/ Modified jun 5, 2015 11:02 a.m.

Old, Eccentric, Classic– Street Rod Has Broad Definition

Rodders Days brings car lovers together

Ford Country Squire Frank Kalbaugh's 1957 Ford Country Squire woody station wagon.
Zac Baker


On one of the last nice Saturdays in May before the sweltering summer months, hundreds of people gathered for Rodders Days on the University of Arizona Mall.

Put on by the Tucson Street Rod Association, Rodders Days is a celebration of vintage automobiles.

A variety of cars were on display, and in various states of original or restored condition. “Street rod” seemed like a loose term because there were so many different makes and models at the show.

John Sipe, a member of the association that helped plan the event, said it’s hard to nail down a definition of a street rod.

“Everybody’s got a different theory on that,” he said. “But it’s older cars that have been resurrected. Some have stock engines, but a lot of them have high performance engines. A lot of work goes into straightening the bodies out, painting, upholstery, and all the different things that go into that.”

One basic requirement was the car had to be from 1972 or older. Cars ranged from unusual and outrageous, to subtle and classic.

More often than not, an owner's personality was reflected in the kind of vehicle they owned and were showing that day.

For instance, Frank Kalbaugh brought his 1957 Country Squire woody station wagon. He was eager to share his enthusiasm about cars and his love of the uncommon.

Frank Kalbaugh Frank Kalbaugh (PHOTO: Zac Baker)

His car donned a surfboard strapped to the roof, hand-painted paneling down the side, metallic brown paint and a host of stickers on the rear windows, one of which proclaimed that “Old Guys Rule.”

“It’s one of 62 known to exist,” Kalbaugh said. “So it’s not just an old station wagon. It’s fairly rare. My wife paid a lot of money for it! I enjoy it.”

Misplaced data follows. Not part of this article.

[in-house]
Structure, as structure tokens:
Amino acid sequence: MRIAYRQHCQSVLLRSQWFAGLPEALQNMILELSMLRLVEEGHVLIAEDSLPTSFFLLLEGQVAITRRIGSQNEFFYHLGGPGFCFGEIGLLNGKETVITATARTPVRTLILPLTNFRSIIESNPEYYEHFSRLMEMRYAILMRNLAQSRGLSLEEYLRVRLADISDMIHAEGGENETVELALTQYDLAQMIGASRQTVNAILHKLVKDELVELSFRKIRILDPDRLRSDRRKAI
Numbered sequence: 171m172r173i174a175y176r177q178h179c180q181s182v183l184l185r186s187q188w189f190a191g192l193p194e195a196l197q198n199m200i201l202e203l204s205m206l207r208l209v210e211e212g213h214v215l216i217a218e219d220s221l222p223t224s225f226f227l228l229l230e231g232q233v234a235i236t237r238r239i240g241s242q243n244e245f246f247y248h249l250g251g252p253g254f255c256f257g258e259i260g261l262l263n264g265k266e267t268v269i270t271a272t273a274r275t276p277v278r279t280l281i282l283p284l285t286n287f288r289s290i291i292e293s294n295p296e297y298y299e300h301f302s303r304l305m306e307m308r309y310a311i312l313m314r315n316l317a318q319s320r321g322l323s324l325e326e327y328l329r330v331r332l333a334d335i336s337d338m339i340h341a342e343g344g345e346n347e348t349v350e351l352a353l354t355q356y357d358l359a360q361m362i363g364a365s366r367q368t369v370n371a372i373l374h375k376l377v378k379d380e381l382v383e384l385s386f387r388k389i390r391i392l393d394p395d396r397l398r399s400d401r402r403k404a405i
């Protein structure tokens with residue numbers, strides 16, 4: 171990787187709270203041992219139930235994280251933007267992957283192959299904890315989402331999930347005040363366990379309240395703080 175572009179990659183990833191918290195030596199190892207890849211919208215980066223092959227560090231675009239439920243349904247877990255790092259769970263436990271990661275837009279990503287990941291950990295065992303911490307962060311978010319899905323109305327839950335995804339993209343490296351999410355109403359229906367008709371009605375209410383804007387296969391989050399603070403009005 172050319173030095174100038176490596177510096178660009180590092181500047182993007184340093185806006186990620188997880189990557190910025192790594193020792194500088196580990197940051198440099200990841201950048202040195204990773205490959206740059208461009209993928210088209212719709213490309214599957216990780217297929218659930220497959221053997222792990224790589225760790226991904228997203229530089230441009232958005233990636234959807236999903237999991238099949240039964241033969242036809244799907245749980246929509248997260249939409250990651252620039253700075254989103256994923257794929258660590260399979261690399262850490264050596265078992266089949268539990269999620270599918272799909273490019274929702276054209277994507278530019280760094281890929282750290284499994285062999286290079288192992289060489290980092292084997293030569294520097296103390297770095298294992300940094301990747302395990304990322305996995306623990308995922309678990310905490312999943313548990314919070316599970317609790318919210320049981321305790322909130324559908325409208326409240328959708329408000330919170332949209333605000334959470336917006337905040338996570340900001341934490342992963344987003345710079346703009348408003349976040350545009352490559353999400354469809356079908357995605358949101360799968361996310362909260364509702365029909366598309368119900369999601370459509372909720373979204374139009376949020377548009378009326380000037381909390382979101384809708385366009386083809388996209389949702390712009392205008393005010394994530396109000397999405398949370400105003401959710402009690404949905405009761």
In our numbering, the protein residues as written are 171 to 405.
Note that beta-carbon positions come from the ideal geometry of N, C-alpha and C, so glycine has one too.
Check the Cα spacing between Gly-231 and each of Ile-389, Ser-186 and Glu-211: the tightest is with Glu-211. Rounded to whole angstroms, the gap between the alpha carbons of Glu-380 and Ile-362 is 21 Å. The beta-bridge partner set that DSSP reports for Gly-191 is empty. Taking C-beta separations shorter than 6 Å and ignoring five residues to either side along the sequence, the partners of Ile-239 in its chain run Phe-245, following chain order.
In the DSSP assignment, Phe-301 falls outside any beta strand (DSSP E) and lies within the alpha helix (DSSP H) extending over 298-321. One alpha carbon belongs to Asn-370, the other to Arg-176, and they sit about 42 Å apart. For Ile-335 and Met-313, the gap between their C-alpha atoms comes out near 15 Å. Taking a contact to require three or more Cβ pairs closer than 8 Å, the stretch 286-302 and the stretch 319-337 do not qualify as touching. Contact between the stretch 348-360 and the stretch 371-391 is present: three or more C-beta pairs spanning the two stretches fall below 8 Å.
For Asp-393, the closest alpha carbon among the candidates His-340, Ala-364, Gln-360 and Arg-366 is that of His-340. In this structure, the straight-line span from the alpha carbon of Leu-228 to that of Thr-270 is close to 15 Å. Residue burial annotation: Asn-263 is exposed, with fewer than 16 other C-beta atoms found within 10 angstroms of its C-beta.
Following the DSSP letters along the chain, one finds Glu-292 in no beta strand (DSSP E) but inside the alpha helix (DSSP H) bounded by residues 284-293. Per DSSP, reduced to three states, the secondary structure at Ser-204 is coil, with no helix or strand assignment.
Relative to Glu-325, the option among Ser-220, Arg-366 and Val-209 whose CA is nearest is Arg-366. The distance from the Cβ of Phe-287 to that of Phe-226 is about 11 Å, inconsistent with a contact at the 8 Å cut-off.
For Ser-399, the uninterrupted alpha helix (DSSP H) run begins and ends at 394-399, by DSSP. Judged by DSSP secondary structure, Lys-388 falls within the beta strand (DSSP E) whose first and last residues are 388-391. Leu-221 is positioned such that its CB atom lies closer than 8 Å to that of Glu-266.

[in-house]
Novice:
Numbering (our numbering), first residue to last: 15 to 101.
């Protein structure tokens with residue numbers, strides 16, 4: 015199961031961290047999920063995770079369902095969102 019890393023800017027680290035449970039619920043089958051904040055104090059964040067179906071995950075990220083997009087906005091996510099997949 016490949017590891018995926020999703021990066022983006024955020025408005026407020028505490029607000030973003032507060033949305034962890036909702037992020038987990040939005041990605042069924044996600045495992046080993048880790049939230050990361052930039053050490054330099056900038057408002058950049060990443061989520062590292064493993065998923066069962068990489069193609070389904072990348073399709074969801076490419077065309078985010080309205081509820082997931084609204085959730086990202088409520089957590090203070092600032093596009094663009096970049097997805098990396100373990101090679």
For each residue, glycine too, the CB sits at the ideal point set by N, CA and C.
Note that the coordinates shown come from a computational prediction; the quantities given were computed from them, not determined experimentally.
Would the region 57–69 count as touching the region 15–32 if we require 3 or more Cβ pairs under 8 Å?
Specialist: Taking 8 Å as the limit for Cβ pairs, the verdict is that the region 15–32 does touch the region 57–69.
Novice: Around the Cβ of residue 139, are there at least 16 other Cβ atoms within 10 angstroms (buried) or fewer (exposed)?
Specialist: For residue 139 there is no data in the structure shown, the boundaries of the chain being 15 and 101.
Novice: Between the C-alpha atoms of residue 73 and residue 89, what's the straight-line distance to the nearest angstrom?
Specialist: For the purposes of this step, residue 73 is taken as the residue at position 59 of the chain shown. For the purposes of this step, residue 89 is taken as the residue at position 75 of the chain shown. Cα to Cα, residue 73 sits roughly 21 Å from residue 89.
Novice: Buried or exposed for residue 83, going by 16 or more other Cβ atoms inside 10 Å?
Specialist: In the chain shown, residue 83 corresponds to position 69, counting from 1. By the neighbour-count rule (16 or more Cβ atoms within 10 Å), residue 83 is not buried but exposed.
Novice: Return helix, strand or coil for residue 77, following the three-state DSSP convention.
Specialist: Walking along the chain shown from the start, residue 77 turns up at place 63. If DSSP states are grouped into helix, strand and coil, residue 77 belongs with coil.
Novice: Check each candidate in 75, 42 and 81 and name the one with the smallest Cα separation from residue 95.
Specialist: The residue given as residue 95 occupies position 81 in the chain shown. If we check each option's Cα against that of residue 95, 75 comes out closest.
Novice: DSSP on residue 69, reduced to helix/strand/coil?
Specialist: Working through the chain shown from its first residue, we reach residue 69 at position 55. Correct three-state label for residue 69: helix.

Kalbaugh said car culture often incorporates family. This particular woody is primarily for his wife, and is an hobby they can share together.

He also said pulled his grandchildren through car shows in a wagon when they were little, and instilled in them an interest in automobiles.

Ron Rice’s 1939 Ford Convertible Coupe is built for a family, but in a less traditional way. The “Sahara Tan” convertible has two normal seats in the front, but has a rumble seat, or a “mother-in-law seat,” in the back.

“Instead of a trunk lid, right behind the convertible top is a lid that swings the opposite direction,” Rice said. “Underneath that lid is a seat for an extra two passengers.”

He said that getting into the seat can be tricky without traditional doors—passengers have to start on the rear bumper and use two small foot holds on the rear fender of the car to get into the rumble seat. But that doesn’t stop anyone from enjoying the uncommon seating accommodations.

“My mother-in-law has ridden in the back of the car” he said. “My wife and a lot of friends have ridden in the back, and I’ve been back there too. It’s actually a lot of fun.”

At the end of the day, all the car owners and onlookers would probably say the same thing about Rodders Days: it’s actually a lot of fun.

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